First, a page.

The State of Standard

The first Standard MOCS event since the release of Core Set 2020 happened, and SCG Open Worchester is wrap! Let's dive into the meta, and see where we are headed!

At some point during this article I think we will cross the threshold of inevitability, and I will have to say: one, "LandSayGo did it first," and two, "I told you so." But, you knew that was coming.

The Magic Online Championship Series is an age-old tradition, a pastime unlike any other, an organized event for Magic's original digital platform where throngs of dedicated, and recognizable names vie for supreme glory...and are all playing one of 4 decks. (Sad Trombone)

Which is fine. There is no doubt that the deck lists that are released to the public have a profound impact on the direction the meta game shifts after the release of a new set. These titans of industry get into the mix on MTGO, and duke it out, aiming to establish the best list of 75 cards available to the rest of us rabble for consumption.

Let's face it: most of us don't want to brew. More of us are actually interested in winning as many games as possible than attempting to pull of janky combos. Some of us would rather just take a deck list that took first place at the most recent MOCS event, build it, and take it to FNM. That's our sense of pride and accomplishment: we can read and put cardboard in plastic sleeves.

Common Themes Among Uncommon Players

If you were hoping that Core Set 2020 would shake things up in a dramatic fashion, then I'm sorry in advance. The current competitive archetypes will not be loosening their grip on Standard until rotation in September 2019.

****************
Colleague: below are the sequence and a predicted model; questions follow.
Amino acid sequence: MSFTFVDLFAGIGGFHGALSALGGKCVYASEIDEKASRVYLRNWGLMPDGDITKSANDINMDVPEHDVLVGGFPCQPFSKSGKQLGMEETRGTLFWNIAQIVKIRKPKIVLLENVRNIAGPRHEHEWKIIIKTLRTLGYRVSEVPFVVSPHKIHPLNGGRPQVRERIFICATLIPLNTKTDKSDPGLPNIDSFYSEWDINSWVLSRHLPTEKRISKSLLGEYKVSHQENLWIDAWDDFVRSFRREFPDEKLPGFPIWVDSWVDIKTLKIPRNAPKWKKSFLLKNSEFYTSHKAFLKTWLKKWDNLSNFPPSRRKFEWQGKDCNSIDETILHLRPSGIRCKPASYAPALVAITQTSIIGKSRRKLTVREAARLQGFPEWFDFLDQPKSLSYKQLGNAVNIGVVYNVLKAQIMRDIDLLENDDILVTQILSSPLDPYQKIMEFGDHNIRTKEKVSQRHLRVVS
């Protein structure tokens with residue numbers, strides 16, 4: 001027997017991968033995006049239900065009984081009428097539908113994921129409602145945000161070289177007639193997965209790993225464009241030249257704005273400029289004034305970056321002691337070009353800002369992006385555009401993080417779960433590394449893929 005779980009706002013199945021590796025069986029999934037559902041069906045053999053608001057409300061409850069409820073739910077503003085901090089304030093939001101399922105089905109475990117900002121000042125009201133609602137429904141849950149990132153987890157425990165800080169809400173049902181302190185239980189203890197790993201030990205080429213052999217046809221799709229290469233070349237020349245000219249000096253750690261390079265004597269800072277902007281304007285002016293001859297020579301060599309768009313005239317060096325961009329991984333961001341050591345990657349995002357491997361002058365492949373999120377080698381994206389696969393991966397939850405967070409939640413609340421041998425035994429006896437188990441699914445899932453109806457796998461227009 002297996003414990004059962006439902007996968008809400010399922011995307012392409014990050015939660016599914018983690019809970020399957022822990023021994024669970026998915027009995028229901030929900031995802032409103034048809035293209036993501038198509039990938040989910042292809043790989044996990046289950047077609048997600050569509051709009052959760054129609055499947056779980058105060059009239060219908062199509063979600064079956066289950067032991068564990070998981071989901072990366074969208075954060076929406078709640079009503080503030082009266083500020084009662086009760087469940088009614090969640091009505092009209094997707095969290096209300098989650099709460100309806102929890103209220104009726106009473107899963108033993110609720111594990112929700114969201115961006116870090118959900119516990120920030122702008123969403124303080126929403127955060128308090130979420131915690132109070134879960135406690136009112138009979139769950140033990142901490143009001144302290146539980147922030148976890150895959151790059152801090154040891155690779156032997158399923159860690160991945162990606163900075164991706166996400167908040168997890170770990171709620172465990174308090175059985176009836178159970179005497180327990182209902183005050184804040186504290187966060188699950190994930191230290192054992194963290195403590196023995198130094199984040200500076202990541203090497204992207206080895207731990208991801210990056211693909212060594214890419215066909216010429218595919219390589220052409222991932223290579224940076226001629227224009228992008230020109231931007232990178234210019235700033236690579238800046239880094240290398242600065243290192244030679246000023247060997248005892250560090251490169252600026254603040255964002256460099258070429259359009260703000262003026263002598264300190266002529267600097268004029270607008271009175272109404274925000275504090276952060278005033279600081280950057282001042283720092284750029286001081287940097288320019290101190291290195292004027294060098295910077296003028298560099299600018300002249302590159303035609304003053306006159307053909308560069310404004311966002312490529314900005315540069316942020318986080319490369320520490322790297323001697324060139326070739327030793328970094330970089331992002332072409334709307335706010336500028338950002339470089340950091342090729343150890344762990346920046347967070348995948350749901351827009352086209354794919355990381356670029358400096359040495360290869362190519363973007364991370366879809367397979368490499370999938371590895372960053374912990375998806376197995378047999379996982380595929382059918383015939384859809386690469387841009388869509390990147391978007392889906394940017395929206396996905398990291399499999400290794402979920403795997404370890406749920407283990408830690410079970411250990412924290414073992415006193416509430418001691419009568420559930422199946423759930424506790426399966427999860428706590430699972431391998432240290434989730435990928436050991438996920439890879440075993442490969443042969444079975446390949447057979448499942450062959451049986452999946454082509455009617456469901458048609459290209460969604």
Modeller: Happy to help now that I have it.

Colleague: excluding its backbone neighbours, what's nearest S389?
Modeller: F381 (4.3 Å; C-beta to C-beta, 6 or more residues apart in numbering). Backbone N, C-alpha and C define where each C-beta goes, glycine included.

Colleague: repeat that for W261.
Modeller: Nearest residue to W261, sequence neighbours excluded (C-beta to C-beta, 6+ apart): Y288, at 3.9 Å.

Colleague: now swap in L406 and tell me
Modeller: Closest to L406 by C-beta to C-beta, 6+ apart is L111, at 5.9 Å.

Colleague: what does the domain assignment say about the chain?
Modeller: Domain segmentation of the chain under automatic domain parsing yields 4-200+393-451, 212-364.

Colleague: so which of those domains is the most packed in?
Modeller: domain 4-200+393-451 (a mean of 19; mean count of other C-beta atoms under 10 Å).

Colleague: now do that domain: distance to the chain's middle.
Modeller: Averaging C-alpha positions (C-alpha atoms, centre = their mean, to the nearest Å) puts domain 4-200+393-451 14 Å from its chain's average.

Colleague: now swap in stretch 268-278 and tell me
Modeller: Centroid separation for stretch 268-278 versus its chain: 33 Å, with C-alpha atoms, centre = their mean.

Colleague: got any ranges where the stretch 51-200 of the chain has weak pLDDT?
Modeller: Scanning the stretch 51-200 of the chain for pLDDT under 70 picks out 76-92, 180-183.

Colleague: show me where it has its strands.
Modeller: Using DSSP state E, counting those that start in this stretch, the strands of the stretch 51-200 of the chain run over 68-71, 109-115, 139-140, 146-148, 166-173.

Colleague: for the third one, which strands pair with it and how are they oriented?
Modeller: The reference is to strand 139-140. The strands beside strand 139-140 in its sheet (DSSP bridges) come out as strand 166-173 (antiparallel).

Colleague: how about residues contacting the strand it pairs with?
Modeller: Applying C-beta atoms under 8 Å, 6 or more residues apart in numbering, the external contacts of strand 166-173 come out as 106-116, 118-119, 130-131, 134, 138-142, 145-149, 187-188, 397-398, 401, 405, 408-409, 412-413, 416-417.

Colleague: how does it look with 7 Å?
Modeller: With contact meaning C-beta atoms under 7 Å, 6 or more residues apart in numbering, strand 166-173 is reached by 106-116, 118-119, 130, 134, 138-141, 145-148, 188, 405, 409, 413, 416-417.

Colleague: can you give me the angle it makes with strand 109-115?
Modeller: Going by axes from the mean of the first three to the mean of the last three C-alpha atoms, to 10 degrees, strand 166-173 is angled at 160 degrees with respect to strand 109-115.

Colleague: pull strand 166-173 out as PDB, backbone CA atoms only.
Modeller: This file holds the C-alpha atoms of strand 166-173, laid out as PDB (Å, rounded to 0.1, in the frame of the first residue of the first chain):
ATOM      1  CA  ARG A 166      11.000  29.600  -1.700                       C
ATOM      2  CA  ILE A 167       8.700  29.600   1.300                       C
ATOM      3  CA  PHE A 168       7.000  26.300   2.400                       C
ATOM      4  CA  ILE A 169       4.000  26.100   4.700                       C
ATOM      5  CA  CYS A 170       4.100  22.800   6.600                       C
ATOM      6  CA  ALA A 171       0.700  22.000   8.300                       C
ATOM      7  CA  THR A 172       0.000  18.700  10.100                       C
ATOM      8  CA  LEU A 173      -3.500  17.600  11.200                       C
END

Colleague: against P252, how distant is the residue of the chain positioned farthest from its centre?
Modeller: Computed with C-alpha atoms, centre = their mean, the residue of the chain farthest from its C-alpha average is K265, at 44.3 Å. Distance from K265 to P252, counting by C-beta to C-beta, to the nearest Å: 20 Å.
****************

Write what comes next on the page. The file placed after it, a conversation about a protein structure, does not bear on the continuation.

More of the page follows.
1st Place - "MATTI" - Matti Kuisma

There's just too much value packed into Esper Hero for it to be so easily toppled from the summit of the mountain. An interesting observation: the only Core Set 2020 cards included in this list come in the form of Lands - at that only two copies of Temple of Silence - for a couple Scry triggers.

I checked out the Standard League postings for 5-0 deck lists, and Matti is right there at the top again today with this same list. So, a little fuel to the flame regarding this list being a major contender until several pieces rotate out in a couple of months. This whole "Team Teferi" trope is getting a little tiresome, although I tire quickly these days. Esper domination will give way to new archetypes - the ebbs a flows of the meta never cease - always leave the old behind. Out of the Top 32 players at the MOCS - 5 were playing some form of Esper Hero (meaning they had access to 4 copies out the 75 total cards. Esper Hero/Control decks accounted for 15.6% of the total Top 32 field.

2nd Place - "SNEAKY ROBOT" - Identity Unknown

This is that I told you so moment. Way back in November of last year I was clamoring for a way to make Jund Dinosaurs a thing, and there was never the engine we needed to truly exploit the Enrage triggers. Dinosaurs were just neutered in many respects. They felt big and dumb until Core Set 2020, which about what one should expect. Now, although still big, they feel more agile - more capable and the competitive player base is agreeing.